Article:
Determining an appropriate reserve fund based on property age

5 Replies

Hi,

I'm looking to properly estimate expenses in my model when searching for deals. I'd like to be able to get a general idea of the expenses before doing further research into the property to determine specifics (like determining the age of appliances). I'm primarily looking for single family homes/condos/townhouses/apartments in the Seattle area - at least to start with.

In the model, I already have 2% of the purchase price set aside for maintenance, but I'm curious how much more I need to budget into this category based on the age of the unit. Does it make sense to increase the maintenance or reserve budget for a property that is 30 years old compared to one that is 5? Is there a rule of thumb that can be used to accomplish this? Or does it really depend on the specific age of the unit's components (water heater, appliances..), which would require me to do further research anyway?

Additionally, should I change what I budget for maintenance and/or replacement reserves for an apartment vs a house, considering that with an apartment there would be no concerns about the roof, yards, or any outside features? 

Thanks guys!

@Adrian Chu - You might want to connect with @Nicholas Ball , looks like this might be right up your alley.

@Kathleen Wilcox works a little south of Seattle I believe, but she may have some insight for you as well on property management costs. @Ryland Taniguchi and @Sara Hoang have both done flips, maybe you can ping them regarding renovation and rehab costs.

Originally posted by @Nicholas Ball :

Hi,

I'm looking to properly estimate expenses in my model when searching for deals. I'd like to be able to get a general idea of the expenses before doing further research into the property to determine specifics (like determining the age of appliances). I'm primarily looking for single family homes/condos/townhouses/apartments in the Seattle area - at least to start with.

In the model, I already have 2% of the purchase price set aside for maintenance, but I'm curious how much more I need to budget into this category based on the age of the unit. Does it make sense to increase the maintenance or reserve budget for a property that is 30 years old compared to one that is 5? Is there a rule of thumb that can be used to accomplish this? Or does it really depend on the specific age of the unit's components (water heater, appliances..), which would require me to do further research anyway?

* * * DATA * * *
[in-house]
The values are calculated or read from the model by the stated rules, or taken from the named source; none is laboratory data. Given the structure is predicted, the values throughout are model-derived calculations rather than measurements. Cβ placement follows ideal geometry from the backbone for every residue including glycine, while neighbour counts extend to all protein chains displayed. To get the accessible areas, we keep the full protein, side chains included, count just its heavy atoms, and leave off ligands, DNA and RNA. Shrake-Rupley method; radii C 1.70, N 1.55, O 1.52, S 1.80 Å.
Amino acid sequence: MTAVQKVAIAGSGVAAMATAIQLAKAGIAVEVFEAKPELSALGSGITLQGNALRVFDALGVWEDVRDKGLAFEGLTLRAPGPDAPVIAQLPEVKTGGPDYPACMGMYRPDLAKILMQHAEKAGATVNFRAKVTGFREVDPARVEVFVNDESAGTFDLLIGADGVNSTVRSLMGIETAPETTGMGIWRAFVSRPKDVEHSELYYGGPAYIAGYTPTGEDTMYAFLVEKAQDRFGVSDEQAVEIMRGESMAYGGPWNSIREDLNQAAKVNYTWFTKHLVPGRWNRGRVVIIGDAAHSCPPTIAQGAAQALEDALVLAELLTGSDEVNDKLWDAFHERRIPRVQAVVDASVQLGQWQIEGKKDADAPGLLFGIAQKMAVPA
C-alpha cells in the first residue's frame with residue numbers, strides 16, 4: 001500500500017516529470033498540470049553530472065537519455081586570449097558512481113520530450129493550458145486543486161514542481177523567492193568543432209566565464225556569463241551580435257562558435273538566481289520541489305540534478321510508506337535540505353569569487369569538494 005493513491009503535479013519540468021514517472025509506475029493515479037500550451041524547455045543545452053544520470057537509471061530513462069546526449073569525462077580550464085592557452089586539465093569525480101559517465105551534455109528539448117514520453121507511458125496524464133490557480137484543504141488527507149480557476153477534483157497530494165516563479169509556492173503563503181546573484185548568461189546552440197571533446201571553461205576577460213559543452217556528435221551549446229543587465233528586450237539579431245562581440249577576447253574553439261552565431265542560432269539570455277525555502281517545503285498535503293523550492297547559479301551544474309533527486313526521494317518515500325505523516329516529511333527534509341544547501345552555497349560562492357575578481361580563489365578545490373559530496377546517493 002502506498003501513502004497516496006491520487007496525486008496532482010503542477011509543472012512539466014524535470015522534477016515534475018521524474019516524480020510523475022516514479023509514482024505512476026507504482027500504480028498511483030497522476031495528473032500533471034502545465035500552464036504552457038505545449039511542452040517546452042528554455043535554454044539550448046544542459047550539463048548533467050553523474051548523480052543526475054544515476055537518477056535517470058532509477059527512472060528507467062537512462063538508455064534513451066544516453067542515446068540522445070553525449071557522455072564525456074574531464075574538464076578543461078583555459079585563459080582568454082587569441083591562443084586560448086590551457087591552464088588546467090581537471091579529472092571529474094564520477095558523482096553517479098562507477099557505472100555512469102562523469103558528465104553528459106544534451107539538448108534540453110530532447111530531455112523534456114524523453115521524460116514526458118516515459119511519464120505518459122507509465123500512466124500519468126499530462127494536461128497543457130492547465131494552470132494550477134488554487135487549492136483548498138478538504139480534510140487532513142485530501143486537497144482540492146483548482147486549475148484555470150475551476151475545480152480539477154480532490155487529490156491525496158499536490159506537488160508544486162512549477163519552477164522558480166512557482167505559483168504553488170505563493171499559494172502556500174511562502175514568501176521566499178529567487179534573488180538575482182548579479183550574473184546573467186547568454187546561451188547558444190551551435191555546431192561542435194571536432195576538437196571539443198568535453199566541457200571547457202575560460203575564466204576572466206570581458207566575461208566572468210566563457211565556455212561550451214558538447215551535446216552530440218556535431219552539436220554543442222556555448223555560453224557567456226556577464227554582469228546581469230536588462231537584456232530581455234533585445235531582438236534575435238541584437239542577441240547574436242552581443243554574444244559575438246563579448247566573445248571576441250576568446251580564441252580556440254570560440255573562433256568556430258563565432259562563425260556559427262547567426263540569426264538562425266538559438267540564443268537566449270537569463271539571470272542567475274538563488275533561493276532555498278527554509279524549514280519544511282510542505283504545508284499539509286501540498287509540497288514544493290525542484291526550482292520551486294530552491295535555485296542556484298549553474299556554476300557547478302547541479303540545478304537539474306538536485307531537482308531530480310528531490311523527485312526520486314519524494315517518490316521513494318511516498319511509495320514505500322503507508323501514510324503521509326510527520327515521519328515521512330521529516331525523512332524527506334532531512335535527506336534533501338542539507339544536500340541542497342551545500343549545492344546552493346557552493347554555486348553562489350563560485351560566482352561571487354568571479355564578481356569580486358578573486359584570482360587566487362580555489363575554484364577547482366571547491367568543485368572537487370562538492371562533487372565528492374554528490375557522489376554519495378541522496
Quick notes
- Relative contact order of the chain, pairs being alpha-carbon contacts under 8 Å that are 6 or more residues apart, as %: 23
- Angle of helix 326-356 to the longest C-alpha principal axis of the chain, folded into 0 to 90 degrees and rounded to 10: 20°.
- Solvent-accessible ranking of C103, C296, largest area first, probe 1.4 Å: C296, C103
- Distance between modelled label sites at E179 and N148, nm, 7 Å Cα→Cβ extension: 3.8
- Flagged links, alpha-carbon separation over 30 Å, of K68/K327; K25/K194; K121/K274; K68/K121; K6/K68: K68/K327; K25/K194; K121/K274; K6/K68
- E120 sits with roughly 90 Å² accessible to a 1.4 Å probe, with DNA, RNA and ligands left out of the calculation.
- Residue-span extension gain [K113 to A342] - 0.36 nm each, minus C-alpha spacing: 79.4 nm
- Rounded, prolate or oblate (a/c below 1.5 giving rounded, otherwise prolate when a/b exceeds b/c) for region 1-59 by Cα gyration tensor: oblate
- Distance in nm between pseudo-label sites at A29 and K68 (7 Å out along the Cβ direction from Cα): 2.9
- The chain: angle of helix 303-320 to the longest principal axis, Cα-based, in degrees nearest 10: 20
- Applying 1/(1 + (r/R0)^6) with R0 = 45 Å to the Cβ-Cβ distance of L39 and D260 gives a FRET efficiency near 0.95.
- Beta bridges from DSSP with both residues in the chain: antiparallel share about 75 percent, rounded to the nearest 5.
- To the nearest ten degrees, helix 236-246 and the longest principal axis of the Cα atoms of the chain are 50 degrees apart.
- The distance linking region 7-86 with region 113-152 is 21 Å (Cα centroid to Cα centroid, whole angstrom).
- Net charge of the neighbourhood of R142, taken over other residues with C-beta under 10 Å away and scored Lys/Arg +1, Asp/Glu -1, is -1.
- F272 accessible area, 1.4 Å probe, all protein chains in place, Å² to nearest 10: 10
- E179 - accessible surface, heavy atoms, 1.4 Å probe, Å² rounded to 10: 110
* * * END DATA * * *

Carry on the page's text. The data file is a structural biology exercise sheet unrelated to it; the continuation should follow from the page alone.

Additionally, should I change what I budget for maintenance and/or replacement reserves for an apartment vs a house, considering that with an apartment there would be no concerns about the roof, yards, or any outside features? 

Thanks guys!

@Alex Chin , thanks for the mention.

Each property is different.  Age is one factor but I have seen 3 year old properties get trashed as if they were like 30 year old ones and 30 year old properties as nice as 3 year old ones.  

Similar to how condo associations run their reserve studies, you would want to analyze each item (i.e. roofing, siding, etc) and their remaining useful life as well as the cost to replace.  Then, you can determine how much you need to allocate each month to budget for potential repairs.

With apartments, you have economies of scale.  X units sharing 1 roof vs 1 unit having its own roof, etc.  You would still have to maintain everything.

But in your last question, are you trying to compare condos vs houses? With condos, the HOA generally takes care of many of the outside features like roofs, siding, etc in exchange for monthly HOA dues.

Often for average size average type apartments (5-10+ units), a quick number I will use is $550/unit/year. Banks seem to typically factor a $250/unit/year capital reserve but that's probably not today. I am not sure they have adjusted for inflation over time. This would not be a great figure for smaller or single-family as it really needs to be estimated on an individual basis (in my opinion), with a timeline on when what is anticipated needing replacement (that's what I do on smaller buildings I buy). As Adrian said, a lot depends on the property/tenant. I did a brand new carpet and paint and had a tenant for one year who just moved out and her kids were really hard on the place. I am having to repaint and re-carpet just one year later. Usually I would anticipate getting much more life out of it. This summer I oddly had water lines break on three properties - I would have never anticipated water lines breaking this early. The older property, maybe - the ones built in the 90's though with poly that has a useful life of 2,000+ years, I wouldn't have anticipated. Whoever installed it was careless and left chunks of concrete and rocks set next to the line which over time rubbed and broke the line. 

Instead of making a steady state linear function think of it in terms of big ticket items:

Heating unit $3000 (Every 10-15 years)

Plumbing $2000 (Every 20 years)

Roof $5000 (Every 10 years)

Carpet 2k every 5 years

....

*my lifecycles and dollar estimates are wrong but this is simply a lifecycle cost analysis

Thanks for all of the information everyone. I suppose it isn't really a good strategy to rely solely on age as a factor, but I do like the idea of a life cycle analysis for big CapEx repairs. @Adrian Chu I hadn't considered condos that have HOAs, but that makes sense that they would take care of a lot of external repairs. Actually sounds like a more favorable option for easing into buying rental properties.

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